The 4 Different Types Of Spotify Playlists Your Music Can Land On

spotify Nov 02, 2022

When you upload your music to Spotify, you are creating huge potential for your music to be discovered, which is why you need to make the most of your Spotify platform. If you want to hear more about making the most of your Spotify platform, then clear HERE.

Aside from sending people to your music on Spotify, you should aim to get your music on Spotify playlists, as they can substantially boost your streams and put you in front of millions of people. Many artists are being discovered just like this.

With over 183 million subscribers, Spotify is a powerful platform and marketing tool. If you’re only using it to upload your music, then you are leaving a lot of opportunities for career growth on the table. 

One key way to boost your streams, increase your fanbase and raise your profile is through Spotify playlists. A playlist is a compilation of different songs. So instead of searching around Spotify for your favourite songs, you can create a playlist of your favourites, kinda like a mixtape back in the 80s, only heaps faster, heaps better quality and heaps easier… but probably not as cool… ok, fine, I had mixtapes! 

Spotify offers different kinds of playlists, and not all are created equal, and not all are easy to get on. But knowing the difference between the types of playlists will help you know which ones your should be spending your time approaching. 

Here are the four different types of playlists.

1. Personalised playlists. These playlists are different for each listener and are based on their unique taste. These playlists are created by algorithms that are based on listeners' habits and the habits of similar listeners. Habits such as what they save, play, share, skip and like.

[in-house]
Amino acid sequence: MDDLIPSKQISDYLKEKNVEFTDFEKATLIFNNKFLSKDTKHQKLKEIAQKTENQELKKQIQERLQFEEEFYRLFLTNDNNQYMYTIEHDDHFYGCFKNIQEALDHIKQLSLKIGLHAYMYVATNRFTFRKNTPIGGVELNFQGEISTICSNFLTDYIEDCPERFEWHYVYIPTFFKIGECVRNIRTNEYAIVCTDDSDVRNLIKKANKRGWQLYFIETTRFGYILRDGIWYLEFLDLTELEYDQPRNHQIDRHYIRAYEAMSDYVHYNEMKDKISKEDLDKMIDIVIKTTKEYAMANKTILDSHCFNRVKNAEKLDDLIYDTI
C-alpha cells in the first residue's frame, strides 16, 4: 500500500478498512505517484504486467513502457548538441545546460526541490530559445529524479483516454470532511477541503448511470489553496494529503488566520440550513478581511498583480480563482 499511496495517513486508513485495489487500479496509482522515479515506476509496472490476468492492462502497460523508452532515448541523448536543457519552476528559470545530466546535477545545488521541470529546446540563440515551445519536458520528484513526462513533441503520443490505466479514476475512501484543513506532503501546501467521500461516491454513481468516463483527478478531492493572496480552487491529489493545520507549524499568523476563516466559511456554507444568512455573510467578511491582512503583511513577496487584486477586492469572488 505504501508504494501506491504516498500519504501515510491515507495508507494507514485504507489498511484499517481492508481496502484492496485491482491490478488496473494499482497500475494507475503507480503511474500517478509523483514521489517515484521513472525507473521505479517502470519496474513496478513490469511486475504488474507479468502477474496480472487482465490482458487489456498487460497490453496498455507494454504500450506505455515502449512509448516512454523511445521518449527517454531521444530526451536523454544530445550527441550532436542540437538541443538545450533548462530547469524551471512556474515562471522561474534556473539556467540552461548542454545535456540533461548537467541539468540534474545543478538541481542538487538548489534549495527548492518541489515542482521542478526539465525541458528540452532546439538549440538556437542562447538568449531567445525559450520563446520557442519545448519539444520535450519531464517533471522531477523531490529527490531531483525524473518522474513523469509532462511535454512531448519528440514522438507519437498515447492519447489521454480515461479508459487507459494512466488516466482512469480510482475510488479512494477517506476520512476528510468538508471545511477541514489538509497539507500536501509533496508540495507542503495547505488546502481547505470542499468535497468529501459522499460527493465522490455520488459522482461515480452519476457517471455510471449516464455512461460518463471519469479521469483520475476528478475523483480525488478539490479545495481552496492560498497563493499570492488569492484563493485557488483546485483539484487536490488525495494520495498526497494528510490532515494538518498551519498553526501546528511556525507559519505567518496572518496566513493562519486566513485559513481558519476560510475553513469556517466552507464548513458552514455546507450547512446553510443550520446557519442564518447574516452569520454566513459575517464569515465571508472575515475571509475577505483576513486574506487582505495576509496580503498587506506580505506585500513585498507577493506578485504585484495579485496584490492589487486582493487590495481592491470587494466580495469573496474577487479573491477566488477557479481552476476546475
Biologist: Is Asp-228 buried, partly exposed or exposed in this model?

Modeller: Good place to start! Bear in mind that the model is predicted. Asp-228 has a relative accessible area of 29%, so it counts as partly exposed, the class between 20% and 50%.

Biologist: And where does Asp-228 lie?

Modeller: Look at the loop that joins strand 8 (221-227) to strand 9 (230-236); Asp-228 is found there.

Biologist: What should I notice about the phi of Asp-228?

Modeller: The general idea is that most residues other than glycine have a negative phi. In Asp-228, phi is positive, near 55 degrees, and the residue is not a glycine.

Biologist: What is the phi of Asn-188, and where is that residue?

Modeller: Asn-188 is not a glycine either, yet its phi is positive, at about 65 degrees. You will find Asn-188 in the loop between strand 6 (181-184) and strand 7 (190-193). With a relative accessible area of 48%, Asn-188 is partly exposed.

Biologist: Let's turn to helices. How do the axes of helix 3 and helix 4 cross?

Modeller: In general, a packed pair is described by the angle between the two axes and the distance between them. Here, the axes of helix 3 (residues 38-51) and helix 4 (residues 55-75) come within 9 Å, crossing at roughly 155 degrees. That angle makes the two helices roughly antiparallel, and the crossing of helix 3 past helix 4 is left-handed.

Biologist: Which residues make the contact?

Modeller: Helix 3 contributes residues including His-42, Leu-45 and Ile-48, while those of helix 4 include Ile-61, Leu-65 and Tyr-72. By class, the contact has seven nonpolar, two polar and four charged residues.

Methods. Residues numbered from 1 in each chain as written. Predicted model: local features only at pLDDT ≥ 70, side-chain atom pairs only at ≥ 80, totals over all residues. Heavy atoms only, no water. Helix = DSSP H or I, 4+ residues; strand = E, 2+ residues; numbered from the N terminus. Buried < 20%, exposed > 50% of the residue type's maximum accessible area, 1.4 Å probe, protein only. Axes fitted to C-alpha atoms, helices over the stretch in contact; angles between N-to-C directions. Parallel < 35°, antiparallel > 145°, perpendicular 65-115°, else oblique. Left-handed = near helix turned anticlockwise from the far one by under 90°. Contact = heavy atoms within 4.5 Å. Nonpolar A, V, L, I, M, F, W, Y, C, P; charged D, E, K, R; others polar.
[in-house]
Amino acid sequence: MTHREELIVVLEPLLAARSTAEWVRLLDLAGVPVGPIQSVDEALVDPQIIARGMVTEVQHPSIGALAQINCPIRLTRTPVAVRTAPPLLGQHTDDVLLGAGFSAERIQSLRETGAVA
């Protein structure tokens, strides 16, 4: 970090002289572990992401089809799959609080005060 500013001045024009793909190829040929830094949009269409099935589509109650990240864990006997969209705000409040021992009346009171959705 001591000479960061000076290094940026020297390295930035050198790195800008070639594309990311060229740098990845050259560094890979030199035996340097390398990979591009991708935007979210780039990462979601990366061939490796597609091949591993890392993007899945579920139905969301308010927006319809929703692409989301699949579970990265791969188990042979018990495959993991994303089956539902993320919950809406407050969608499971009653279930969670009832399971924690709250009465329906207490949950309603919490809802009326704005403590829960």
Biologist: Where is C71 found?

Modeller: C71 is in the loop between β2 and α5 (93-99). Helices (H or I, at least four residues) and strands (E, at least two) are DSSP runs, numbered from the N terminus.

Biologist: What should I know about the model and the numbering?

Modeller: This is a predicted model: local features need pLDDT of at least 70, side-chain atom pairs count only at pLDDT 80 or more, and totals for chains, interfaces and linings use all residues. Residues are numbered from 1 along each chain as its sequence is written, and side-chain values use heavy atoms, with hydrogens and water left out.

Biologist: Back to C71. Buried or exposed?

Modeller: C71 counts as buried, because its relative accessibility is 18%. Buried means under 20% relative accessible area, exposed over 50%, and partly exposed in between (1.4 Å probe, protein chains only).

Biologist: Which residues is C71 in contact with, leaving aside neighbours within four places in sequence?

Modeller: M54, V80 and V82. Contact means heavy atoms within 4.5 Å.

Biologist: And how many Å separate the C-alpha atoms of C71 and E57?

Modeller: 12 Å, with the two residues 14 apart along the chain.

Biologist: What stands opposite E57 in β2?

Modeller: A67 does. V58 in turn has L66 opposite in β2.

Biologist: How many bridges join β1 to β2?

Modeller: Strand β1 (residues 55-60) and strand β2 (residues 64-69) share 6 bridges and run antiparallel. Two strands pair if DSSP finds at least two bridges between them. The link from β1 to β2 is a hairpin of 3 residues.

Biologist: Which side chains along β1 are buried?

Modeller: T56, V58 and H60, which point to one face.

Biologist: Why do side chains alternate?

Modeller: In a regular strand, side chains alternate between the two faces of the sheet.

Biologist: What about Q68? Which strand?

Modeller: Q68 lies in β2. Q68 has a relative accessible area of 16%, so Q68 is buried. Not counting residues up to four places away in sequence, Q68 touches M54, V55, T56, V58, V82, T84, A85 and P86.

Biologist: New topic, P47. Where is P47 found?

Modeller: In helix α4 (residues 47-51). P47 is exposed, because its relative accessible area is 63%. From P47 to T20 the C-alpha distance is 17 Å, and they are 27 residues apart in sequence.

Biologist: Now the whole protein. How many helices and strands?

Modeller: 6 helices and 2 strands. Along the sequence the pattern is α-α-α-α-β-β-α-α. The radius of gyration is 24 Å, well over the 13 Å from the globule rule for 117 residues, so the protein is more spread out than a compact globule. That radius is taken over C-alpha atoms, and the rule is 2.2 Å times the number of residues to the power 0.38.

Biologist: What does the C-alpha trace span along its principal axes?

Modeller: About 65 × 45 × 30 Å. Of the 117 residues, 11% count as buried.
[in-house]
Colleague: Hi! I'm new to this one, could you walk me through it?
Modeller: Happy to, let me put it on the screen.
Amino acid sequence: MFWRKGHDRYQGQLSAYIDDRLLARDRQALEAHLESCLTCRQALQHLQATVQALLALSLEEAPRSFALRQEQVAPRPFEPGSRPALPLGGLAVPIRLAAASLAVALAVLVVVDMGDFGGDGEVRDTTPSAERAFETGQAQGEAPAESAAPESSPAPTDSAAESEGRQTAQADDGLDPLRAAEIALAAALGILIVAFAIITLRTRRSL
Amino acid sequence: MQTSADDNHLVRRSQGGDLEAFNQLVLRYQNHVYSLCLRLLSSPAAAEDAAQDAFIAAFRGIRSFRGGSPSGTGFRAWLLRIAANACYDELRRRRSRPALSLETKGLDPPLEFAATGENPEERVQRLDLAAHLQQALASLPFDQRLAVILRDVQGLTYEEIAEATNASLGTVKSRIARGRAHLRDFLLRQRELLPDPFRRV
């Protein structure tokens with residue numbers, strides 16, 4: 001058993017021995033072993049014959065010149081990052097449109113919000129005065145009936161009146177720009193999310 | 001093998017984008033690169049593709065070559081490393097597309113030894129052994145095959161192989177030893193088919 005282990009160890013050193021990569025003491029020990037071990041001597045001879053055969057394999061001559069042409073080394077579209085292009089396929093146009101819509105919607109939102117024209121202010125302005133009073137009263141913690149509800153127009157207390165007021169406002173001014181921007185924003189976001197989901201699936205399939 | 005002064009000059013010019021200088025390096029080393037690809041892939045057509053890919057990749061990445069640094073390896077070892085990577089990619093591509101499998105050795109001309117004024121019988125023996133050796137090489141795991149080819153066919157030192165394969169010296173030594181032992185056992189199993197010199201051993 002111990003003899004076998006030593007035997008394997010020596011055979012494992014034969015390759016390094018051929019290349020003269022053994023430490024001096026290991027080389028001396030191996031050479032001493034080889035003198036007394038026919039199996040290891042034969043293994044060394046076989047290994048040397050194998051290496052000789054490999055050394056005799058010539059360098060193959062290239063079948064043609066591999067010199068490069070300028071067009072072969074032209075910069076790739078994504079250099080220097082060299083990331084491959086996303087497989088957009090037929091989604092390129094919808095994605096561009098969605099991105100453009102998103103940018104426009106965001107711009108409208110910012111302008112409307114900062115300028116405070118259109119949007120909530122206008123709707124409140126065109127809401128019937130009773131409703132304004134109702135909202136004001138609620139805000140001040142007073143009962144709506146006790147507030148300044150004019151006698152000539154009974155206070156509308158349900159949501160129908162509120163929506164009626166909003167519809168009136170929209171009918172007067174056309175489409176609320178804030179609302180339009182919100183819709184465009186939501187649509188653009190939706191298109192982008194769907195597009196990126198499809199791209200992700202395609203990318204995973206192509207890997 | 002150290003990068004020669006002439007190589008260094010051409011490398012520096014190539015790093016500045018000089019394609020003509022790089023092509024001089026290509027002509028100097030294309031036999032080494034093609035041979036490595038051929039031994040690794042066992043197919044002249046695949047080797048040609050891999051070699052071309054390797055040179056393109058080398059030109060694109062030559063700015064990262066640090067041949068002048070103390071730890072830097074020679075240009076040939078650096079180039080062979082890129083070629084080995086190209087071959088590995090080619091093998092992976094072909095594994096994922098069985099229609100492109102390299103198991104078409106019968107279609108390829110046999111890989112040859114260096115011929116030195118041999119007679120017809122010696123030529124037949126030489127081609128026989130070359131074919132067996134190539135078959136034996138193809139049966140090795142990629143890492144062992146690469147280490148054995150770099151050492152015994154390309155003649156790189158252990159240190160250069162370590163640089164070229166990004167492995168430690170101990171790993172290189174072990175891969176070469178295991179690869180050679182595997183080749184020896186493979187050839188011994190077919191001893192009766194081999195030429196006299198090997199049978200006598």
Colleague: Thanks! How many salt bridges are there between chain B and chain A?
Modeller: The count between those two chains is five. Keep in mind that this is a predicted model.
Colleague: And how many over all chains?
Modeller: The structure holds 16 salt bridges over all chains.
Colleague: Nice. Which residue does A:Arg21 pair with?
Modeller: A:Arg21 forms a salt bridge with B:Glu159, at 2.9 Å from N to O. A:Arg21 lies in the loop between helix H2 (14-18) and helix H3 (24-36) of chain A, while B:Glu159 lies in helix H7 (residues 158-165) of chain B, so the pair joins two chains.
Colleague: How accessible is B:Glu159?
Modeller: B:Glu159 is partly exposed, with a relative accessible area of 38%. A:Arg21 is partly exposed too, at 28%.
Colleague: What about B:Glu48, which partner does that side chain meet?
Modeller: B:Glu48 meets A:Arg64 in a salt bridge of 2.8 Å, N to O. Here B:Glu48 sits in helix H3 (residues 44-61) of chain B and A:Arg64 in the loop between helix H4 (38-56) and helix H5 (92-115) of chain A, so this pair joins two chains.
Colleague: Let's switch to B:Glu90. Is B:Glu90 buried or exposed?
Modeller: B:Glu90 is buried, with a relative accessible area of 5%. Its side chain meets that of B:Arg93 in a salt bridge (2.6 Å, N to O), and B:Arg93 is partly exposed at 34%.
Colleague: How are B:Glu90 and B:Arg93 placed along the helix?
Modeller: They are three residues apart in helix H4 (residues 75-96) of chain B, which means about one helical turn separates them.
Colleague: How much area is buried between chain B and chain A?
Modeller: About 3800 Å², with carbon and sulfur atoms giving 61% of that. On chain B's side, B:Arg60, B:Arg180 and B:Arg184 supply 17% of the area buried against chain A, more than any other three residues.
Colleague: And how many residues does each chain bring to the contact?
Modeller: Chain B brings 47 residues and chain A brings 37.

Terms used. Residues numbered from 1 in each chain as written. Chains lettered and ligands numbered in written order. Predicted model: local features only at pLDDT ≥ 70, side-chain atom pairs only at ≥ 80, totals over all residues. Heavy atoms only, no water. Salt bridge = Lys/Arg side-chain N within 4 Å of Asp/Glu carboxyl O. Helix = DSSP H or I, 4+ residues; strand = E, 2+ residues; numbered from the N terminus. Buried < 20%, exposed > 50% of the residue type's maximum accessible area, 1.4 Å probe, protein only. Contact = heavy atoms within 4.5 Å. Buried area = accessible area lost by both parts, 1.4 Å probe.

The more followers you can amass, the more of these types of playlists your music will land on. 

Popular personalised playlists include:

  • Discover Weekly
  • Release Radar
  • Daily Mix
  • On Repeat
  • Repeat Rewind

This is why sharing your Spotify links on your socials and building your Spotify platform is crucial. The more followers you have, the more the Spotify algorithm will recognise you and the more of these personalised playlists you will be added to. 

Remember, these are algorithmic playlists, so you can’t pitch to them, but you can increase your chances of landing on one by spending time building your Spotify following and promoting your Spotify profile. 

2. Editorial playlists. These are the ones we would all love to get on! I have been on one myself, and they generate tens, if not hundreds, of thousands of streams. There are thousands of editorial playlists, and you can tell which ones they are because they have the Spotify logo in the top left-hand corner.

These playlists are curated by Spotify editors. These playlists generally have hundreds of thousands and even millions of followers. You can pitch directly to Spotify editors through your Spotify artist page. All you have to do is click on “upcoming release” and pitch your song. They will ask you some questions about your song and give you the option to say a few words about it. I landed on my first editorial playlist before I even knew about pitching to Spotify, so even though pitching to Spotify is a great idea, you can still land on Playlists without pitching.